RealTime IT News

The Supreme Book on Sex

The United States Supreme Court agreed on Tuesday to consider two cases that have implications for the Internet, voting to review one suit brought by online book publishers challenging certain aspects of the Copyright Term Extension Act (CTEA) passed in 1998 and another involving the constitutionality of some details of Internet registries for convicted sex offenders.

The CTEA became effective on Oct. 27, 1998, extending protection by 20 years for works copyrighted after Jan. 1, 1923. Works copyrighted by individuals since 1978 got "life plus 70," rather than the existing "life plus 50"; and works made by or for corporations, known as "works made for hire," got 95 years.

Almost immediately the bill became known as the Mickey Mouse Act because of Disney's efforts and millions to get the legislation passed before the copyright on the cartoon character expired and entered the public domain in 2004. Other movie studios, along with major book and music publishers also contributed lobbied and contributed millions for the passage of the bill.

Specialty publishers, however, were opposed. The Higginson Book Company, one of the plaintiffs in the case before the Supreme Court and a publisher of genealogies and local histories in Salem, Mass., was barred from publishing a number of genealogies and local histories that have no mass market value but are of interest to individual researchers.

According to Laura Bjorklund, general manager of Higginson, the company often can't find the original copyright holders and, under the CTEA, are barred from publishing the work without permission. Because of the difficulties in tracking the authors or heirs of such old works, the Act effectively means that the Higginson Book Company will be unable to reprint any books copyrighted in 1923 for another 20 years.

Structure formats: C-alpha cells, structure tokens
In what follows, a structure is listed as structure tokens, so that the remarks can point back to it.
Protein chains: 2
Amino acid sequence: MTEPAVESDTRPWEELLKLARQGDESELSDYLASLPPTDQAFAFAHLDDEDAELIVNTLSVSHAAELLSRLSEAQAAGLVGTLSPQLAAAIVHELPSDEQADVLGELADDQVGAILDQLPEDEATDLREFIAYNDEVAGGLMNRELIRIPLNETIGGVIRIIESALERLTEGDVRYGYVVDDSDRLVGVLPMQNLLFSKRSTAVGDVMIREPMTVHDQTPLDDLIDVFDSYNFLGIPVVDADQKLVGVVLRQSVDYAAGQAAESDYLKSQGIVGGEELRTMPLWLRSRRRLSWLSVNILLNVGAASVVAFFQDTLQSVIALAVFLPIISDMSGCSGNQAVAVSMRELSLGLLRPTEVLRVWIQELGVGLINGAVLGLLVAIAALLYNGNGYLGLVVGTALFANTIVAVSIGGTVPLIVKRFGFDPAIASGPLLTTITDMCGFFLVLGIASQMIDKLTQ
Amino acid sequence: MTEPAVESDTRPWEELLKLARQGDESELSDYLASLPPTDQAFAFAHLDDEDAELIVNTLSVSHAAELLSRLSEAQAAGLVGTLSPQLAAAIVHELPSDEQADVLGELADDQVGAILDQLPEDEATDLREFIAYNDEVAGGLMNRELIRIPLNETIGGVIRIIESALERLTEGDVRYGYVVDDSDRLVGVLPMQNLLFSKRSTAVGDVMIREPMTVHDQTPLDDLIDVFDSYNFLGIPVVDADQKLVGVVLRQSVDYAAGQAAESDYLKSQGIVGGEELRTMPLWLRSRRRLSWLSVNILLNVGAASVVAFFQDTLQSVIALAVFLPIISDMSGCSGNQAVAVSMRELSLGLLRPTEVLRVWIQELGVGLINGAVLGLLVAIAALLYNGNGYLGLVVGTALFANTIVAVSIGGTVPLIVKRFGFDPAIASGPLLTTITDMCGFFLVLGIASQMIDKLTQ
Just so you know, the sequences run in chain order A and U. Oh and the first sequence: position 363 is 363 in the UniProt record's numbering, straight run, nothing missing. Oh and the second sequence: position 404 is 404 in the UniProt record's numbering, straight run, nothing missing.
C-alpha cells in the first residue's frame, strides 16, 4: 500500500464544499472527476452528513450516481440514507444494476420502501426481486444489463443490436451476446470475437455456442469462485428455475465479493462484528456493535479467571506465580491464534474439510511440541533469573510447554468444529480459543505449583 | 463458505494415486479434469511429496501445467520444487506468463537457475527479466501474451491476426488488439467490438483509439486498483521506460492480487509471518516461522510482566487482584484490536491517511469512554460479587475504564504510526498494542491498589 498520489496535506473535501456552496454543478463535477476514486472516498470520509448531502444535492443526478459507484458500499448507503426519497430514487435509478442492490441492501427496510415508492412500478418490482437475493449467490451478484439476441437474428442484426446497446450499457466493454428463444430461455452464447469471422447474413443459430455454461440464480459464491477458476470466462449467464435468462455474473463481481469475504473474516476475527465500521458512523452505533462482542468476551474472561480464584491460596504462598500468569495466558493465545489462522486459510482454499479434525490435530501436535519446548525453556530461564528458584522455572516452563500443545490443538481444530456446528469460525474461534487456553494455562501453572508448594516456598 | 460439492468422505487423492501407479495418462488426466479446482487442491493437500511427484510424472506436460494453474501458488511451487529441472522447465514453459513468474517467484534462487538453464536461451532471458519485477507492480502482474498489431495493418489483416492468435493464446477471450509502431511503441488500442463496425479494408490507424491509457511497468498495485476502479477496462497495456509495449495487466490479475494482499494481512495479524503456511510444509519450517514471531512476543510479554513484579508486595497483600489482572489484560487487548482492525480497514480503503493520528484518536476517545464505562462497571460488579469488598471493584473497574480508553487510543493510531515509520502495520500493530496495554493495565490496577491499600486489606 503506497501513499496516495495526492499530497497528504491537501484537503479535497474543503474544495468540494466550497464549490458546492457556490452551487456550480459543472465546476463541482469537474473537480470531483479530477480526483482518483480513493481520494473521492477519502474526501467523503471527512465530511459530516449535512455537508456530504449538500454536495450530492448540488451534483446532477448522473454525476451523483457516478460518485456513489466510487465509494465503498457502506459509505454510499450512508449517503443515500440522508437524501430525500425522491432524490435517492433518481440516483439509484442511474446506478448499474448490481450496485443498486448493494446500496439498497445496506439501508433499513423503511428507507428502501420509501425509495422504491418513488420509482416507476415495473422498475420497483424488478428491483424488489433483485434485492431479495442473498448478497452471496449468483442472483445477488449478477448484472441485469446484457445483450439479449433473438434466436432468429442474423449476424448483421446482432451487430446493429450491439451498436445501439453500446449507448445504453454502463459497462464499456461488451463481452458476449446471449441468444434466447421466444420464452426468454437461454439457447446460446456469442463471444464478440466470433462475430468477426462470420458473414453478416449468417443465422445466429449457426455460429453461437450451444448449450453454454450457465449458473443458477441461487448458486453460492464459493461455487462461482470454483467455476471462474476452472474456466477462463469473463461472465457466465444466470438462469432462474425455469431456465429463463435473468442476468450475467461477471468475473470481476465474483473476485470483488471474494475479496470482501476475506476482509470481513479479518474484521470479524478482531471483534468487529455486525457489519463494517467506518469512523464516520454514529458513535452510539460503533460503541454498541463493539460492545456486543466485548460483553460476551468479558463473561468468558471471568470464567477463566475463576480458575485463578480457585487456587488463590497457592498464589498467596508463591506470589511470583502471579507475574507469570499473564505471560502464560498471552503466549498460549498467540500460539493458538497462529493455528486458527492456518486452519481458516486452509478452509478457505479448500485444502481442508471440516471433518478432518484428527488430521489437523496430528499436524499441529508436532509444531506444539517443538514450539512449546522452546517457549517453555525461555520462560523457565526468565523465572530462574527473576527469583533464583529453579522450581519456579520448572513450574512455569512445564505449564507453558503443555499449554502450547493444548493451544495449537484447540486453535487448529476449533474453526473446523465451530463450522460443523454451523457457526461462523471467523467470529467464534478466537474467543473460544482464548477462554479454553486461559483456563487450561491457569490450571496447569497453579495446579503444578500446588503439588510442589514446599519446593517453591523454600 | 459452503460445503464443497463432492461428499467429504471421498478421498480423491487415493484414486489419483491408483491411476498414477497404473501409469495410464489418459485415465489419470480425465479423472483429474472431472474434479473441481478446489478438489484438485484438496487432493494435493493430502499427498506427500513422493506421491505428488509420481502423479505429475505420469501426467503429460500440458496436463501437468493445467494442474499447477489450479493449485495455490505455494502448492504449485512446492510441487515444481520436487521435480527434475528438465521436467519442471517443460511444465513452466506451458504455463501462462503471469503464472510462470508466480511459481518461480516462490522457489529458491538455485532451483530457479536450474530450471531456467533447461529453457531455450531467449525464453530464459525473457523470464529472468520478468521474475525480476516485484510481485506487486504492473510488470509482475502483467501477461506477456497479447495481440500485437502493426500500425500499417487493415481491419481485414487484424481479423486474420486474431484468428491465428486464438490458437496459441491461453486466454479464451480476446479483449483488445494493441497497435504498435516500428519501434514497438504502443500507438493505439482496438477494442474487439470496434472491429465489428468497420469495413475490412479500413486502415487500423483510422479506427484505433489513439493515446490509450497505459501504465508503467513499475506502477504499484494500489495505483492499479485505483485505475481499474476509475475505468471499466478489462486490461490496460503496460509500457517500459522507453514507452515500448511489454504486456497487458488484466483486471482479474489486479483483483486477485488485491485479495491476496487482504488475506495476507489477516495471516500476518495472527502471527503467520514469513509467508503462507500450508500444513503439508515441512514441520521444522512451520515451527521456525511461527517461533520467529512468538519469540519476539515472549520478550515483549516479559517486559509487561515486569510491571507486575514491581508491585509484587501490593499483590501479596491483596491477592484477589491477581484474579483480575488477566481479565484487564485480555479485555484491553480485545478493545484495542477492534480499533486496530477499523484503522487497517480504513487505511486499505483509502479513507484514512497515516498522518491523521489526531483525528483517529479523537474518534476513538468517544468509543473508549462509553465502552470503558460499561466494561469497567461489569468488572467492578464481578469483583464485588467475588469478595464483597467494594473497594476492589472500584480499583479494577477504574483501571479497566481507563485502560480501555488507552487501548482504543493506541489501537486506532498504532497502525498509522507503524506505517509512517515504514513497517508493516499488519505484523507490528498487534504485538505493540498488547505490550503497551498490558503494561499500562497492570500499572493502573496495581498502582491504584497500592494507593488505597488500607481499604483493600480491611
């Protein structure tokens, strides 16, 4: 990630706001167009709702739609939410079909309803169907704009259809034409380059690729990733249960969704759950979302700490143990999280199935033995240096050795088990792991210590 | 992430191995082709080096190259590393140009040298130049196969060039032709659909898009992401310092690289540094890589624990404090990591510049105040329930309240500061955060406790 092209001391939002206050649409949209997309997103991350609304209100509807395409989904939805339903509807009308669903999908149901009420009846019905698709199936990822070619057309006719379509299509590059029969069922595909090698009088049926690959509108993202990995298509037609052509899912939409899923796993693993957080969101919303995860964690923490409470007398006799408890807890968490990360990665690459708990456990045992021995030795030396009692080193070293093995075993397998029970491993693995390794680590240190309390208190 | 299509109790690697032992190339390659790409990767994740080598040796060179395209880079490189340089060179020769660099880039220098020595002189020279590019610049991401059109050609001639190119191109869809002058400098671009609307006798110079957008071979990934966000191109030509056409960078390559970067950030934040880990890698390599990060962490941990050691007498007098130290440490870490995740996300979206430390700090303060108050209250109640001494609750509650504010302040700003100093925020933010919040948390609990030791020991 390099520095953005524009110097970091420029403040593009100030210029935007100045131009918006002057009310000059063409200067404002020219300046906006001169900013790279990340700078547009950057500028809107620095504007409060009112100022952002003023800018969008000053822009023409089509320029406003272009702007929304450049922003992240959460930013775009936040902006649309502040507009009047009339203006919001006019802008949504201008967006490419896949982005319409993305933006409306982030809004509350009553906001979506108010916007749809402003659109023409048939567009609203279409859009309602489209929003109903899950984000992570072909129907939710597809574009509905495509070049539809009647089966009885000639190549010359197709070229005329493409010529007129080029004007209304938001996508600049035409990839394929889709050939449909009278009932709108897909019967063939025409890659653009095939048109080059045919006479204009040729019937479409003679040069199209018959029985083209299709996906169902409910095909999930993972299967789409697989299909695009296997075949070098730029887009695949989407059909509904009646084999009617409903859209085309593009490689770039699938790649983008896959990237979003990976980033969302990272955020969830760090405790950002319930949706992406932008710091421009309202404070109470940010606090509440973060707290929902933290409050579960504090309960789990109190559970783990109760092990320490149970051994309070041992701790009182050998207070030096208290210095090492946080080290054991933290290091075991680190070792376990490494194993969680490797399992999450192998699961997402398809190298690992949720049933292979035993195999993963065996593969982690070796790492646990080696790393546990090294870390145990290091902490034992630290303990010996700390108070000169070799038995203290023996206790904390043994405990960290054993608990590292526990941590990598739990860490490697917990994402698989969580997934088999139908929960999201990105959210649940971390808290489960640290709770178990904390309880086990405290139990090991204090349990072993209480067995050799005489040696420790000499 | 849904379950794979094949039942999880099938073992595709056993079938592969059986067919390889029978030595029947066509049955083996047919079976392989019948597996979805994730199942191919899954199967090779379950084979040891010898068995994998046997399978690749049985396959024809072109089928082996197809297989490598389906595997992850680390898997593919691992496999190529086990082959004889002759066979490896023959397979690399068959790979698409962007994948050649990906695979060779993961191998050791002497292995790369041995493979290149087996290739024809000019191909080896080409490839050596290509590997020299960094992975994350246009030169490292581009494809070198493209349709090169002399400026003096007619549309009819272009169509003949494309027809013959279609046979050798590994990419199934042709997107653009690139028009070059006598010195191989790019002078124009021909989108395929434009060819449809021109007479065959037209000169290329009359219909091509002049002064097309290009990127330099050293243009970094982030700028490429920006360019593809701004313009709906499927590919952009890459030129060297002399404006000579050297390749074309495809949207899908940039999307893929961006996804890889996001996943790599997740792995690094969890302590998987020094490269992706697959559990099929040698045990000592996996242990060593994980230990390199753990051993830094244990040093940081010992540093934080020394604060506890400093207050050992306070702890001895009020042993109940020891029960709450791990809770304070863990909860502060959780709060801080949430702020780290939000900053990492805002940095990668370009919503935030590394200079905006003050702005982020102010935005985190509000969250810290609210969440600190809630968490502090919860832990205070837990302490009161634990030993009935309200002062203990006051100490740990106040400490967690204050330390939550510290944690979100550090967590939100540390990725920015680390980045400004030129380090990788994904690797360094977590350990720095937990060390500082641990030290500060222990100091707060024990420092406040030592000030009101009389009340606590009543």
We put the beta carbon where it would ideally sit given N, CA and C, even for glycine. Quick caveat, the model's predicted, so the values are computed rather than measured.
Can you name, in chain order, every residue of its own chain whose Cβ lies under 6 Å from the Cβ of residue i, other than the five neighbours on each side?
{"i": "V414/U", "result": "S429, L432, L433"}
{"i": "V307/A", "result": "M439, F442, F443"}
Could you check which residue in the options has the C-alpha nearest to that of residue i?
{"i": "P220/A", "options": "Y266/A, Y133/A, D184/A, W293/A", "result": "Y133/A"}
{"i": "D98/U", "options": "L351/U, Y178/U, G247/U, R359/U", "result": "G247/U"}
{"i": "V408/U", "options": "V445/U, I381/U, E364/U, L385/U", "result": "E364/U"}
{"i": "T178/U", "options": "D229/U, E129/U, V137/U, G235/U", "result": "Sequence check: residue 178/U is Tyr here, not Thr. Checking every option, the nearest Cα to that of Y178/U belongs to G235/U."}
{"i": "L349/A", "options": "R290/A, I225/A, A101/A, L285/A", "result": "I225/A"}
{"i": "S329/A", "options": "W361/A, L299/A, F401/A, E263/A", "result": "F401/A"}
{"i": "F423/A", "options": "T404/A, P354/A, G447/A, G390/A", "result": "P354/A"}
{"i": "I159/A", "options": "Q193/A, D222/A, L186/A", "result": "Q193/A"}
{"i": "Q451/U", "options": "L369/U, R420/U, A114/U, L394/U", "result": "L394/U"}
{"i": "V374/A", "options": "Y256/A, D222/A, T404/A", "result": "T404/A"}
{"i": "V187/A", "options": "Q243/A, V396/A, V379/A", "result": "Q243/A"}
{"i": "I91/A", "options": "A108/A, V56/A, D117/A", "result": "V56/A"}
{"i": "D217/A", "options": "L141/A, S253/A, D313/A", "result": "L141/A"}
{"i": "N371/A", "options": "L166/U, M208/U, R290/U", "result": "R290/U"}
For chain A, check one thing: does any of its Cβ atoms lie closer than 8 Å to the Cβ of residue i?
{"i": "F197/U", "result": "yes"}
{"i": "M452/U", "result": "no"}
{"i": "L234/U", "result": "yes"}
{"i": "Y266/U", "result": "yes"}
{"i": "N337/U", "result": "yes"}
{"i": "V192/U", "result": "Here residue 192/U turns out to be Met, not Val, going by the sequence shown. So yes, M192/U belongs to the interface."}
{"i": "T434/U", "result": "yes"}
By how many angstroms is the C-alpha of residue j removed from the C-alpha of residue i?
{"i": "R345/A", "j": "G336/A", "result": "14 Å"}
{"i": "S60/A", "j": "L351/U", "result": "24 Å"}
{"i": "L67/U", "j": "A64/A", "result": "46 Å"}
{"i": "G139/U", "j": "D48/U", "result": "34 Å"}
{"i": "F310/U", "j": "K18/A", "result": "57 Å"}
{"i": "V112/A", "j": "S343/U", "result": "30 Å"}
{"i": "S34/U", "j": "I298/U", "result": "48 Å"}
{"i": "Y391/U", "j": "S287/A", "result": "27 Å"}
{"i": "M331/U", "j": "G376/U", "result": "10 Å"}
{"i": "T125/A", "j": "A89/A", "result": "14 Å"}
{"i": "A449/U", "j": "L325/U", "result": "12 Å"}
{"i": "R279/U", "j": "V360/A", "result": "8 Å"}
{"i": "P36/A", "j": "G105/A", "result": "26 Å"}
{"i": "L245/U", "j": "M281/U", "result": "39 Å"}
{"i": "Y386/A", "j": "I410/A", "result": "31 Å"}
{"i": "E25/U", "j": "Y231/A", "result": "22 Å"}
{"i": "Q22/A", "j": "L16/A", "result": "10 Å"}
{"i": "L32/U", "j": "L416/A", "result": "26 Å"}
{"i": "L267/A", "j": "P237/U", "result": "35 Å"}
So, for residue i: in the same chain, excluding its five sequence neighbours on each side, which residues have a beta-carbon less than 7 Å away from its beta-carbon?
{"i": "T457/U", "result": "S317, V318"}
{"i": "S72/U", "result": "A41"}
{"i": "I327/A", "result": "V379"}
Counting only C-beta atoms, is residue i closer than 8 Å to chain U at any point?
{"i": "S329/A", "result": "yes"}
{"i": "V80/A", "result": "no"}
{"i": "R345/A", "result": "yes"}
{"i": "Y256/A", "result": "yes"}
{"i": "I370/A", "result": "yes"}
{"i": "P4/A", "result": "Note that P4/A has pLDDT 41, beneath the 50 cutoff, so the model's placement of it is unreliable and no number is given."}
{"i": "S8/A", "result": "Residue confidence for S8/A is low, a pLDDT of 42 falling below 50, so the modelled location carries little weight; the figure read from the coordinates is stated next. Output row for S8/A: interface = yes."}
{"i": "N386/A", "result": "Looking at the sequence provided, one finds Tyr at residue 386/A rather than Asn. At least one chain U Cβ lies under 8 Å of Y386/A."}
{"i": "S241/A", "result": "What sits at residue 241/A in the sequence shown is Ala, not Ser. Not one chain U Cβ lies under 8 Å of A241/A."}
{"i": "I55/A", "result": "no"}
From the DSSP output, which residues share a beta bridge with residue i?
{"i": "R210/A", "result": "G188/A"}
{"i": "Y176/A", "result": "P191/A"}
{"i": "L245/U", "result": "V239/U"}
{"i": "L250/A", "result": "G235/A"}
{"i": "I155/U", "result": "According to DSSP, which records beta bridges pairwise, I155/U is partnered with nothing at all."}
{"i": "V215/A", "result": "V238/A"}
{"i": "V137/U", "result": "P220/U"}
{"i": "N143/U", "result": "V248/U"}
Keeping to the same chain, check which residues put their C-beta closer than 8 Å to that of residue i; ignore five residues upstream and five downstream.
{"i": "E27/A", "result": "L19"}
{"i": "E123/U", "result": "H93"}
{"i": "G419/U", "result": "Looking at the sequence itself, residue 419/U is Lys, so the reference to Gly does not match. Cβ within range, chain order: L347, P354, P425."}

The suit challenges the public's right to the material and raises an interesting series of questions, including:

  • Ira Gershwin's estate requires that Porgy & Bess be performed only with black actors;
  • "Happy Birthday to You," protected until 2031, technically cannot be performed in public without a license; waiters aren't supposed to sing it unless their restaurants pay royalty fees;
  • The 19th-century cartoonist Thomas Nast, who invented the modern version of Santa Claus, also created the current image of Uncle Sam and drew the symbols for the Democratic and Republican parties. If Nast's creations were under the CTEA, the government would have had to pay Nast's heirs for recruitment posters; both political parties would have had to pay fees, as would every department store come Christmas time.
  • Some lawyers characterize the CTEA as "copyright creep." The first copyright laws, passed in 1790, gave authors a maximum protection of 28 years. Congress then extended the limits in 1831, 1909, and throughout the 1960's and again in 1976 before approving the CTEA in 1998.

    The plaintiffs in the Supreme Court case argue that the CTEA infringes on freedom of speech, contending that extending copyrights that would have entered the public domain privatizes those rights improperly. They also claim the CTEA violates the Constitution because it fails the copyright clause's "incentive" requirement. Since the new law extended protections retroactively to works created by now dead authors, the plaintiffs argue that the act fails the incentive clause.

    Accepting an appeal from the State of Alaska, the other Internet case the Supreme Court agreed to hear involves how far back states can go in listing convicted sex offenders on Internet registries. Passed in 1994, Alaska's law was made retroactive 10 years, requiring people who had already served their prison terms -- and whose original punishment did not include having their names listed on a registry -- to be listed by name in an Internet registry. The retroactive portion of the law was struck down by an appeals court that said it is unconstitutional to punish someone twice for the same crime.